Editor in Chief: Moh. Reza Huwaida Saturday, August 18th, 2018

Modern Education – A Crying Need

Afghanistan has been one of the unfortunate countries where the continuous trends of wars and conflicts have always affected the other important walks of life to a large extent. Education has been one of the sectors that have been the same sort of victim. Though the education sector has made imperative developments since the downfall of Taliban, there are numerous improvements yet to be made.

According to latest available data, about 50% of men and only 18% of women are able to read and write in Afghanistan. This ratio is not very much satisfactory while keeping in view the fact that the criteria for being included in the mentioned number is only being able to read and write, not educated up to the high levels.

Further, this also does not keep in consideration the necessity of being educated in formal schools and universities which means even out of the mentioned numbers many lack the opportunity of being educated with somewhat modern education. And the ones who are educated through formal schools and universities can not stand in comparison with those educated in the schools and universities in the neighboring countries, leave alone the international standards.

Furthermore, the ratio of the education of females is not very encouraging, which deprives the nation of keeping a very important section of society aloof of this crying need. And let's not forget the fact that if a female is educated, the likelihood of education of an entire family is ascertained as the children are influenced more by mothers. But even this number is achieved by the dint of American and Western influence; otherwise, the orthodox Afghan religious values and the blind fundamentalism of Taliban have had zero tolerance for the female education.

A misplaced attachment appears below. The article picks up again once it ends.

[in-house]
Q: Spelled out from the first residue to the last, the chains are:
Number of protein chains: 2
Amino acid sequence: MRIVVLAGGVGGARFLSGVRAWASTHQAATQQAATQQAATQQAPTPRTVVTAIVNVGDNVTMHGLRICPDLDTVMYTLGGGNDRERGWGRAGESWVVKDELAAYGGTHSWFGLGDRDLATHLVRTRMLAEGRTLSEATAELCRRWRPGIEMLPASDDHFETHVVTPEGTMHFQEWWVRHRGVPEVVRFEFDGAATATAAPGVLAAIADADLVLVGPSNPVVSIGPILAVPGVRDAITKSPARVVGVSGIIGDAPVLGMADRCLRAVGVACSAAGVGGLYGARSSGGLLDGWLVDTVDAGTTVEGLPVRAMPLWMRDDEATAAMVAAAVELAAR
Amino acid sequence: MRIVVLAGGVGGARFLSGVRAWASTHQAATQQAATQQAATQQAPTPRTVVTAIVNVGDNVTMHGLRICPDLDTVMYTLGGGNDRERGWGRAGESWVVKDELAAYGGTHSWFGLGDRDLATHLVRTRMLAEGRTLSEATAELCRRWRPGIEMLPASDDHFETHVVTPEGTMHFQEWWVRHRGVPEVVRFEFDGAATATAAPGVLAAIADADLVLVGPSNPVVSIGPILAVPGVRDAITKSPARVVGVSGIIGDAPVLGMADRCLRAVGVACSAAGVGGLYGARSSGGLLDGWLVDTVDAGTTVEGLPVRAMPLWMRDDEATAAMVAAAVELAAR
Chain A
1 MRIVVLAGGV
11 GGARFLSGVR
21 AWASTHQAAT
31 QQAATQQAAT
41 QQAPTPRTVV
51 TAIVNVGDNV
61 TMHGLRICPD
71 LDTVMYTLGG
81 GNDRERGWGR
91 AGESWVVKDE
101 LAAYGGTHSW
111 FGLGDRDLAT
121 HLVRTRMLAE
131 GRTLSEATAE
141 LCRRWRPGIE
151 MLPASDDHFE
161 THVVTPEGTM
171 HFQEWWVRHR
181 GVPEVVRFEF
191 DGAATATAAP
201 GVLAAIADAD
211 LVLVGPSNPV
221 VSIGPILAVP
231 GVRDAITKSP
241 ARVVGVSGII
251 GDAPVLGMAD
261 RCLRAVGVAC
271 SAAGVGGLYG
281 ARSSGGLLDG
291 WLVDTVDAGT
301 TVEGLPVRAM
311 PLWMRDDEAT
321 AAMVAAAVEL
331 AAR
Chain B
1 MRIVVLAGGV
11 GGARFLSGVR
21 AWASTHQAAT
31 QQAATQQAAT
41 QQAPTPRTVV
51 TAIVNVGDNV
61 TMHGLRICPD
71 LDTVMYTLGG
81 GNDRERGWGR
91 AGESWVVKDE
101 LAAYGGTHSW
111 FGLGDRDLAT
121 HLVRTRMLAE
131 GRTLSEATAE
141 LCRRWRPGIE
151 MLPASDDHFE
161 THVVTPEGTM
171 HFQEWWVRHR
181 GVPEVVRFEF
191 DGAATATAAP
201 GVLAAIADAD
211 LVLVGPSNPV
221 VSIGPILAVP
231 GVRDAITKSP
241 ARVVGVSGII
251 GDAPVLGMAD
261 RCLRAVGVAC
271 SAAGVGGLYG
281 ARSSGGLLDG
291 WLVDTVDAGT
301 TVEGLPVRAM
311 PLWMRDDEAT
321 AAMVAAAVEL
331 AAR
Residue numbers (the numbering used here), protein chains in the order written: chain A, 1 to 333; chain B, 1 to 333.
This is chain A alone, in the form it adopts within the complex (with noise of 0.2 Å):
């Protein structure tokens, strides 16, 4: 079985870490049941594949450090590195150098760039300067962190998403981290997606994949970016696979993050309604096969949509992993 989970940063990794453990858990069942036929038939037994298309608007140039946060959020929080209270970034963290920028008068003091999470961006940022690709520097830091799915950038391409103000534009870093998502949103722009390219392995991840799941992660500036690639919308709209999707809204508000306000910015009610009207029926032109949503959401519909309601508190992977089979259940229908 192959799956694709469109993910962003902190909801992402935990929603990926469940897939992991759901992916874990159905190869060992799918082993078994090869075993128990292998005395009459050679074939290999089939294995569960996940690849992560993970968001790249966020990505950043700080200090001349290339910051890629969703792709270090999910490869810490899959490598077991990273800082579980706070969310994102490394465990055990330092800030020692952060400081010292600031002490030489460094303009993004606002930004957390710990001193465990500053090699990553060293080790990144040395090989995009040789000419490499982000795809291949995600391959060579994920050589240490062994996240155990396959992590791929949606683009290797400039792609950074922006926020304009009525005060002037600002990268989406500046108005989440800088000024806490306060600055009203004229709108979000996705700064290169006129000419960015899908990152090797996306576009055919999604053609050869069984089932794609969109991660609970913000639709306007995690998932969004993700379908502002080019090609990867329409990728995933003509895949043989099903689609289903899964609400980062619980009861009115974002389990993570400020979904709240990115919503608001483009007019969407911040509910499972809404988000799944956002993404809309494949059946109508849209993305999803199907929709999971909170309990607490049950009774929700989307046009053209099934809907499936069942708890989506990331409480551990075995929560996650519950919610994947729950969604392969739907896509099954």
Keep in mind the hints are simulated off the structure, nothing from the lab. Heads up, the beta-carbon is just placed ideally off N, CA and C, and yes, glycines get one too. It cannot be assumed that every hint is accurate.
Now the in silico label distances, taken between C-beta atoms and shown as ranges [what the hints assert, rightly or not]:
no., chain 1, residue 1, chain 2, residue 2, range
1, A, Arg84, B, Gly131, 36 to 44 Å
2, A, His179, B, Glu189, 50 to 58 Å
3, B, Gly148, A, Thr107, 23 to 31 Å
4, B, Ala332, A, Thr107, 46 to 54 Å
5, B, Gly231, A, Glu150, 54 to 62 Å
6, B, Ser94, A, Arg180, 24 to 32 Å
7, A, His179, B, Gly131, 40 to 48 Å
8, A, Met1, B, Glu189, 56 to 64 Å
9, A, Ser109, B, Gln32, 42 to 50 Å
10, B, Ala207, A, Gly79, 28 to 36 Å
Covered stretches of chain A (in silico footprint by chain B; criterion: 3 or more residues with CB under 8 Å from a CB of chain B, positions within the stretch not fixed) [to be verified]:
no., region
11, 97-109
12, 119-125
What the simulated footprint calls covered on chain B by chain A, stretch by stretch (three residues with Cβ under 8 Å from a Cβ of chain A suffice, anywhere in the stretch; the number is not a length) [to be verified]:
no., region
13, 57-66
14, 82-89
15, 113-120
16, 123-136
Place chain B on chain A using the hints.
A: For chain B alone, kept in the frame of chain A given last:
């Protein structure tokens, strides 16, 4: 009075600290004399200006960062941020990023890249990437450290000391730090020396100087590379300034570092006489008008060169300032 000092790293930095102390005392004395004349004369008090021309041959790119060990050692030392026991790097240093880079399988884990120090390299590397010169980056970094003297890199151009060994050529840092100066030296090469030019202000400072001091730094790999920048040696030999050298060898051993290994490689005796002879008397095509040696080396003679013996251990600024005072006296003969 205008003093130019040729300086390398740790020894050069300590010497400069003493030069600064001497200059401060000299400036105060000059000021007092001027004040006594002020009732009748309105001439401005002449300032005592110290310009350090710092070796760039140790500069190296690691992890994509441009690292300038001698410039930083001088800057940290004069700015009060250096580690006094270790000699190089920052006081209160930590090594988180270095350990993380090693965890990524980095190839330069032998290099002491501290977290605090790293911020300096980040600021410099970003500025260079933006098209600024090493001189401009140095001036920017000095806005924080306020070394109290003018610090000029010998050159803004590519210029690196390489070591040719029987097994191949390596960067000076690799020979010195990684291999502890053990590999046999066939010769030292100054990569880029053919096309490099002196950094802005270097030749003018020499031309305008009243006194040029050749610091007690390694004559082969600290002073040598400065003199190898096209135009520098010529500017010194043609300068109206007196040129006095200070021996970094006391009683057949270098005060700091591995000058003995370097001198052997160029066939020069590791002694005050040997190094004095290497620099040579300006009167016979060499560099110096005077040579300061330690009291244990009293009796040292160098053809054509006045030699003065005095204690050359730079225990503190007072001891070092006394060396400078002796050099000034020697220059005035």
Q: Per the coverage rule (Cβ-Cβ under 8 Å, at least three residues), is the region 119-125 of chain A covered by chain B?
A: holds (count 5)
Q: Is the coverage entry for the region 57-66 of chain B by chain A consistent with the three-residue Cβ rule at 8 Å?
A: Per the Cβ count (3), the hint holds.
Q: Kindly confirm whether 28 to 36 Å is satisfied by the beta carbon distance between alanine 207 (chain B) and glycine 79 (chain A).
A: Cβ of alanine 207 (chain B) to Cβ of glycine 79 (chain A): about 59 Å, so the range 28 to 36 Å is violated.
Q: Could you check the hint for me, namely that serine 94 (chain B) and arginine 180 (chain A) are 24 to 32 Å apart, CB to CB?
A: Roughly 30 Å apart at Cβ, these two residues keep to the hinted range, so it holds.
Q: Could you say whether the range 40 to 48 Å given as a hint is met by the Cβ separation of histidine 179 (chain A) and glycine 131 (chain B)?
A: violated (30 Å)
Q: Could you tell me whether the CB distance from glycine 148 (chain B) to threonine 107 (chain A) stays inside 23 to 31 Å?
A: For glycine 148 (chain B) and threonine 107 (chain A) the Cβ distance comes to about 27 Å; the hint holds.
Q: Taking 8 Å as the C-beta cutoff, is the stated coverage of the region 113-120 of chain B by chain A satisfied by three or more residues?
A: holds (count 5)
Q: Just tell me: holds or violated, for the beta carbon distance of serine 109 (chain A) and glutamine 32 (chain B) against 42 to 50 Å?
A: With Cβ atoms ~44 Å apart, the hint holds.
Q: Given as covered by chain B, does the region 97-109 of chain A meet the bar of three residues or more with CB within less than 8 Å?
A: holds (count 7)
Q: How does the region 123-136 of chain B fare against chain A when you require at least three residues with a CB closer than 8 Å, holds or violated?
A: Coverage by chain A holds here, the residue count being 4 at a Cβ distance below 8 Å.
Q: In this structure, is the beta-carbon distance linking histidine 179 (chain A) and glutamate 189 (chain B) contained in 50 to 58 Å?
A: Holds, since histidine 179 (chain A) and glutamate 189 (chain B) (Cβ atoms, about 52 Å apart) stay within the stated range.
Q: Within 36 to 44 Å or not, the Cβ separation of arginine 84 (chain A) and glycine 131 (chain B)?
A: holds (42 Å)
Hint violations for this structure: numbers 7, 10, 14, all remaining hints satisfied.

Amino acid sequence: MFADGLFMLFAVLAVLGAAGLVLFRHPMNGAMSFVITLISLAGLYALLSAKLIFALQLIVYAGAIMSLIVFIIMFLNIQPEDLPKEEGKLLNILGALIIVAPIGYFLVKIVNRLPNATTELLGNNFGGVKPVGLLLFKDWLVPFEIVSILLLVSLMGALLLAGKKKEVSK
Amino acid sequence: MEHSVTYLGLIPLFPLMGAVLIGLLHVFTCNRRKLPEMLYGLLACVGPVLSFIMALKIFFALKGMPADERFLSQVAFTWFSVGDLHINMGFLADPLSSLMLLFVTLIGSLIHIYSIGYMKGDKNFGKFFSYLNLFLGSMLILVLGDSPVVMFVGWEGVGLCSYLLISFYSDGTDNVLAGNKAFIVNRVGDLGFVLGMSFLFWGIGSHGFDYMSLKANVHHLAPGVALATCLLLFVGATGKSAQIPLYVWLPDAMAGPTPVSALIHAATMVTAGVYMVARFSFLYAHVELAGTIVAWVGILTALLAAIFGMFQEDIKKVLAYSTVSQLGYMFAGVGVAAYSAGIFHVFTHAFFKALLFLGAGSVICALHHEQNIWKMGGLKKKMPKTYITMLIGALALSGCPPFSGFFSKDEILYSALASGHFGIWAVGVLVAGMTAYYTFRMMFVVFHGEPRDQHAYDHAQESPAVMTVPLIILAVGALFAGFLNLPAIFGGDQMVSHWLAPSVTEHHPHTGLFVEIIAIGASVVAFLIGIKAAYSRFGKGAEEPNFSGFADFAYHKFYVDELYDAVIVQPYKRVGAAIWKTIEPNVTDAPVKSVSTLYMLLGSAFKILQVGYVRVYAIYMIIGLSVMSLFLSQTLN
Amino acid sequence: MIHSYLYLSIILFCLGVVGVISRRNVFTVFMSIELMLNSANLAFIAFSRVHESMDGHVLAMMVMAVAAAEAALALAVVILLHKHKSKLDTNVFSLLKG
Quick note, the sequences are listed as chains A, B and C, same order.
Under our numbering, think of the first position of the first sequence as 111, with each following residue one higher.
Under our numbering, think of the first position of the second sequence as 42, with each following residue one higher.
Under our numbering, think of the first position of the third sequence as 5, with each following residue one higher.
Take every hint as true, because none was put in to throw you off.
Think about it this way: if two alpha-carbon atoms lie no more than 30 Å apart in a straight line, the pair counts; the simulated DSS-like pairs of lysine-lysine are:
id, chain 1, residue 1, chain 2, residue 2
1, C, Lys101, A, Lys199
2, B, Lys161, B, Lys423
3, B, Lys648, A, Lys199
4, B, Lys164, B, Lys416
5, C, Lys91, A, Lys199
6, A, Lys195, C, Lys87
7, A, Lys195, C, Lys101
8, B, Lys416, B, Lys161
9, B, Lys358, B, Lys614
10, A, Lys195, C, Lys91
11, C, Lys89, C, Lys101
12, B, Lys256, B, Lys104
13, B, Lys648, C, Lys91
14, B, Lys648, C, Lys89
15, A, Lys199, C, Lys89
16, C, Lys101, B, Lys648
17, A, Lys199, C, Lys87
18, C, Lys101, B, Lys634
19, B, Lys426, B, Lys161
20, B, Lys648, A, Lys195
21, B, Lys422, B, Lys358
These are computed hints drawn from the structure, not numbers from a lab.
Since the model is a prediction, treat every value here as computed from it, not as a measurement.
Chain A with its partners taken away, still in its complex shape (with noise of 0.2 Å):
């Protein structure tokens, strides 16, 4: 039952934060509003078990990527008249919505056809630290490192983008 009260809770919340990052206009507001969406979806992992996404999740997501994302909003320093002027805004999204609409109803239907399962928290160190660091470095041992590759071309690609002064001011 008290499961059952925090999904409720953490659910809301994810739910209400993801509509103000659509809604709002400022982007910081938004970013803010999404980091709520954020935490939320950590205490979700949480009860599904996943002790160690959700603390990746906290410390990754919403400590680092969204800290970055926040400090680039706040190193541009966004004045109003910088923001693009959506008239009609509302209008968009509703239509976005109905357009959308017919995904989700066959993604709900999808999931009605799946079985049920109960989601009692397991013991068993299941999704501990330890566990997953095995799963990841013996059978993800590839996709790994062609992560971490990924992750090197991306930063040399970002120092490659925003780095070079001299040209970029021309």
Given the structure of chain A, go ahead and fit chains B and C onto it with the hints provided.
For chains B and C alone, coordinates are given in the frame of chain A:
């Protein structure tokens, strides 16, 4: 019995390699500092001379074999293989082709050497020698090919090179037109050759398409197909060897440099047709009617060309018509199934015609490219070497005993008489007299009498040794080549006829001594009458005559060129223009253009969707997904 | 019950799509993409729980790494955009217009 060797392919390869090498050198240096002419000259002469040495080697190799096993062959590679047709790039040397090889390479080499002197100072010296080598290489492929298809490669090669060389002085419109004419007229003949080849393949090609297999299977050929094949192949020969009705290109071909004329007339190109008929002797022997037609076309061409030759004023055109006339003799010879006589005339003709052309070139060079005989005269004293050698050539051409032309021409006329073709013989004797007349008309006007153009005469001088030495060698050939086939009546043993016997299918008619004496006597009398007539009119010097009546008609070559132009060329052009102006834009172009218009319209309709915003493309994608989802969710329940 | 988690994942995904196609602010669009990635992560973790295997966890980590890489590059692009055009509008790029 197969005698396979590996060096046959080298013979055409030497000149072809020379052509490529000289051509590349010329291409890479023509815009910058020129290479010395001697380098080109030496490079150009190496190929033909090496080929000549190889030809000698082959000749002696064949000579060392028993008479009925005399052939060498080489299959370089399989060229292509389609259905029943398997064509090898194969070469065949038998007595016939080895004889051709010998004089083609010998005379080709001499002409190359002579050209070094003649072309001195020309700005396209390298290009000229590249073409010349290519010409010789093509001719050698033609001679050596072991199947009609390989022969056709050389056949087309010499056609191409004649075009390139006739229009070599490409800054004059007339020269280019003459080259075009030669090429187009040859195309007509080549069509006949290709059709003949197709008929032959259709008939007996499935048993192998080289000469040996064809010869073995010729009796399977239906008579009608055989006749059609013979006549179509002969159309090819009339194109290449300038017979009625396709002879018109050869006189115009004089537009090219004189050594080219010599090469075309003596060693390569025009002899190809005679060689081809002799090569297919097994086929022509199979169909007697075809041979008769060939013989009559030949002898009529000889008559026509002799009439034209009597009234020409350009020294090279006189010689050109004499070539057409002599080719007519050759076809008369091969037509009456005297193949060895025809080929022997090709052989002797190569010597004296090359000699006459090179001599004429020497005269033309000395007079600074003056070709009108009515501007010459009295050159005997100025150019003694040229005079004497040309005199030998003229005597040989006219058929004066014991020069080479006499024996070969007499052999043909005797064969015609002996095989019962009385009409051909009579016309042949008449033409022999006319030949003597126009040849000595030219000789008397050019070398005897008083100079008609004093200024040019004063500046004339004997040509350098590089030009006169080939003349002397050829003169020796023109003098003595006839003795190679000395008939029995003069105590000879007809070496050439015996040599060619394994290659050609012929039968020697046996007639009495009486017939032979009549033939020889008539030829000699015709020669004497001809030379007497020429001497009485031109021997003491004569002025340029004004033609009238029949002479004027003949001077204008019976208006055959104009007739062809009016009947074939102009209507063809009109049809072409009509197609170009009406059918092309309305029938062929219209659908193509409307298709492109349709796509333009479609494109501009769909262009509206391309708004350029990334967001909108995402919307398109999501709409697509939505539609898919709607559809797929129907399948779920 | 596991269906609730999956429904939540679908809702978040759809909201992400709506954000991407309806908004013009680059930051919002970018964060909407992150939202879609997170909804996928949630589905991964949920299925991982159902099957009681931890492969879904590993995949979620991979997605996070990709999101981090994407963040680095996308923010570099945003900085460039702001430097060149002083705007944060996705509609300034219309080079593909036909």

The only other part of Afghan history that had the emphasis for female education was during the Soviet supported government. This shows that the foreigners have offered more for us regarding modern education than we have done ourselves, thus keeping ourselves far behind others, intentionally.

It is, somehow, encouraging to note that about 6 million Afghan students are enrolled in public schools today, out of them 34% are female. And the constitution of the country has also declared education as the right of all Afghan citizens, both male and female.

But it is important to sustain such environment wherein at least two-third of the same number should reach to the level of higher education. For that the most important prerequisite is sustainable peace and tranquility in the region and a modern and scientific approach towards education system. The traditional madressah system would, in the long run, produce more extremists in the country not responsible educated citizens.